Machine learning improves ADI-R efficiency

Last updated 25 February 2020

Early interventions in autism spectrum disorder (ASD) are essential to improve communication and behavioural skills in affected children. Now, researchers have used machine learning to derive new instrument algorithms that may help practitioners screen for autism more efficiently and effectively.

The study, published in the Journal of Child Psychology and Psychiatry in 2016 used scores from two well-established caregiver-report tests – the Autism Diagnostic Interview-Revised (ADI-R) and the Social Responsiveness Scale (SRS) – from 1,264 individuals with ASD and 462 with non-ASD developmental or psychiatric disorders. The researchers used their machine learning technique to correlate the caregiver responses to individual questions with the child’s clinical diagnosis.

In this way, the researchers identified redundant questions in the two tests, and specifically reduced the ADI-R to only five questions that they say could maintain instrument performance at 95%. These questions included ADI-33, 34, 35, 50 and 73, which assess stereotyped language, social verbalization/chat, reciprocal conversation, gaze and abnormal responses to sensory stimuli, respectively.

The researchers thus consider that certain diagnostic constructs may be more important than others in predicting a clinical diagnosis. Furthermore, they propose that with further clinical testing, machine learning may help make the diagnosis of ASD more effective and systematic, reducing the frequency of misdiagnosis.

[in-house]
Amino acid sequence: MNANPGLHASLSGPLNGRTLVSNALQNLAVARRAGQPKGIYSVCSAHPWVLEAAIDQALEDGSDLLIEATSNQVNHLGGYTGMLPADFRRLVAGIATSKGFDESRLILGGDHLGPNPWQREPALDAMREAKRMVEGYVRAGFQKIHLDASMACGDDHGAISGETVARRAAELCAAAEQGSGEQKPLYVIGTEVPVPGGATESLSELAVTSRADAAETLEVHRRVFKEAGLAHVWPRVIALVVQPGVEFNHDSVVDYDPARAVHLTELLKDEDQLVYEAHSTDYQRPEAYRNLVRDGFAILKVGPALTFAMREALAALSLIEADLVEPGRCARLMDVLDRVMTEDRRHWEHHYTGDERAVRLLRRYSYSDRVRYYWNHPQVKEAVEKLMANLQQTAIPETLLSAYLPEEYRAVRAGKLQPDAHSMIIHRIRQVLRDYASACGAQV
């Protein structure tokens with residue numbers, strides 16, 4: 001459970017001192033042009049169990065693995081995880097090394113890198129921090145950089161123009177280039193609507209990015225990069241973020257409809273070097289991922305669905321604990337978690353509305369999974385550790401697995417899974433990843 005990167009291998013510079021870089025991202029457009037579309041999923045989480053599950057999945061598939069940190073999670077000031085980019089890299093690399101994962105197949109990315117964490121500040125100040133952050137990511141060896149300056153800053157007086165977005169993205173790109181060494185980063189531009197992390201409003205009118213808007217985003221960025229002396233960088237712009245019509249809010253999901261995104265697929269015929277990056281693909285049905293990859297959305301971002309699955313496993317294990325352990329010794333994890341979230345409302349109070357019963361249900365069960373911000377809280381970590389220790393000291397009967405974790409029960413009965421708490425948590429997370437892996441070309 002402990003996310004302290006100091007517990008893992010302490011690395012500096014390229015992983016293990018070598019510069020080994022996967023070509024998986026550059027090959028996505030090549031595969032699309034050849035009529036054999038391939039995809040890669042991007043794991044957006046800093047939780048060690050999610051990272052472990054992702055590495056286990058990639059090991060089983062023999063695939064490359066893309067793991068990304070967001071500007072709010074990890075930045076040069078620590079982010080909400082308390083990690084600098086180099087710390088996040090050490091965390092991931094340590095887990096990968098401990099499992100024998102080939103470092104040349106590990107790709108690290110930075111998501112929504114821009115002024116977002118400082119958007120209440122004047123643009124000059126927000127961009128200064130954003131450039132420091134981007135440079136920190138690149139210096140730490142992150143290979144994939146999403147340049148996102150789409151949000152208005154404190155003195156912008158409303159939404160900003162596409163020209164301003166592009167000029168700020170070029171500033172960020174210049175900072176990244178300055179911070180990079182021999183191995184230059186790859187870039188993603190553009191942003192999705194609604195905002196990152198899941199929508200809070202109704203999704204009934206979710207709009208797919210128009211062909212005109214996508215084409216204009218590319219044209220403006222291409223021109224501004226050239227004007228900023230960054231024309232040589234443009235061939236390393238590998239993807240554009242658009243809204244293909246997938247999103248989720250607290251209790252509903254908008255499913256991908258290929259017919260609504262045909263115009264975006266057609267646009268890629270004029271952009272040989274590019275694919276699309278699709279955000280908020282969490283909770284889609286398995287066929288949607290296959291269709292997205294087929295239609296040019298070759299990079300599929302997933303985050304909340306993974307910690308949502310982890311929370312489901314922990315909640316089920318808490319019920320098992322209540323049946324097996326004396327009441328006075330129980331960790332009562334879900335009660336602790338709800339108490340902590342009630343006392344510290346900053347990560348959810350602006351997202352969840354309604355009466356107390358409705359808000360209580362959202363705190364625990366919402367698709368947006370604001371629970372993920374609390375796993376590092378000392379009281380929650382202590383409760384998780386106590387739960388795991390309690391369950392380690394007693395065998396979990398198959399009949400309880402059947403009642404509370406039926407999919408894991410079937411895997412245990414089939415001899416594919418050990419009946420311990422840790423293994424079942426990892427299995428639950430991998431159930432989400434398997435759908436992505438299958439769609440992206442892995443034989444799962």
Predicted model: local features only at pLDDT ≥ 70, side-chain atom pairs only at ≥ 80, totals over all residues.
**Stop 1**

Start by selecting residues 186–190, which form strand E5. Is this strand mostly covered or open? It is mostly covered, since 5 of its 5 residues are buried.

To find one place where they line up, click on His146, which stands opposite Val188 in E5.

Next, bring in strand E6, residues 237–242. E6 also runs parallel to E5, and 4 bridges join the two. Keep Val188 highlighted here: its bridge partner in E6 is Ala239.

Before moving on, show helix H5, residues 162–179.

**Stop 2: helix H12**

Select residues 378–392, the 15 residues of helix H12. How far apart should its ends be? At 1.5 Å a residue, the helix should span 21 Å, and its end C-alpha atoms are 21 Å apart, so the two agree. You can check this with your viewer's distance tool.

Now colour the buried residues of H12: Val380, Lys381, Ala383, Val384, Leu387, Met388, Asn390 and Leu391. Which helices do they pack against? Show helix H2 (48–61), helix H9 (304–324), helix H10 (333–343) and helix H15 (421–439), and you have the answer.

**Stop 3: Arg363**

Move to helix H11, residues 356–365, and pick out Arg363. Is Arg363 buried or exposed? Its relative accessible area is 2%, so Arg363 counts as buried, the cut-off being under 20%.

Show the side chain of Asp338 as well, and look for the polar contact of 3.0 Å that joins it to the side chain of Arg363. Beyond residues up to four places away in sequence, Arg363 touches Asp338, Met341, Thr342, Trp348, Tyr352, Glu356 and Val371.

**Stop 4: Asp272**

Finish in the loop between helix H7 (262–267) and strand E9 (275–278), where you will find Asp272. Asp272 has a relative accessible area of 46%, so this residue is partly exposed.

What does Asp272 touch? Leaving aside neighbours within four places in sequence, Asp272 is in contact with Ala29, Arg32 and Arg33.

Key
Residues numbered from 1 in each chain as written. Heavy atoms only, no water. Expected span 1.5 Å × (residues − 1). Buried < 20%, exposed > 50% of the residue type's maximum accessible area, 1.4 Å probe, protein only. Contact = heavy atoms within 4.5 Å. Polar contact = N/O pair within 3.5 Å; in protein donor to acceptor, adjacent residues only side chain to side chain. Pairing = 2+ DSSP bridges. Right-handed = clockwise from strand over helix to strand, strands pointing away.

Bone, D., Bishop, S.L., Black, M.P., Goodwin, M.S., Lord, C. & Narayana, S.S. (2016), Use of machine learning to improve autism screening and diagnostic instruments: effectiveness, efficiency, and multi-instrument fusion. J Child Psychol Psychiatr. 57: 927-937. doi: 10.1111/jcpp.12559

Glossary

Machine learning: a computer-based method in which statistical techniques permit computers to progressively improve performance (learn) on a given task without being explicitly programmed.

Dr Jessica Edwards
Jessica received her MA in Biological Sciences and her DPhil in Neurobehavioural Genetics from the University of Oxford (Magdalen College). After completing her post-doctoral research, she moved into scientific editing and publishing, first working for Spandidos Publications (London, UK) and then moving to Nature Publishing Group. Jessica is now a freelance editor and science writer, and started writing for “The Bridge” in December 2017.

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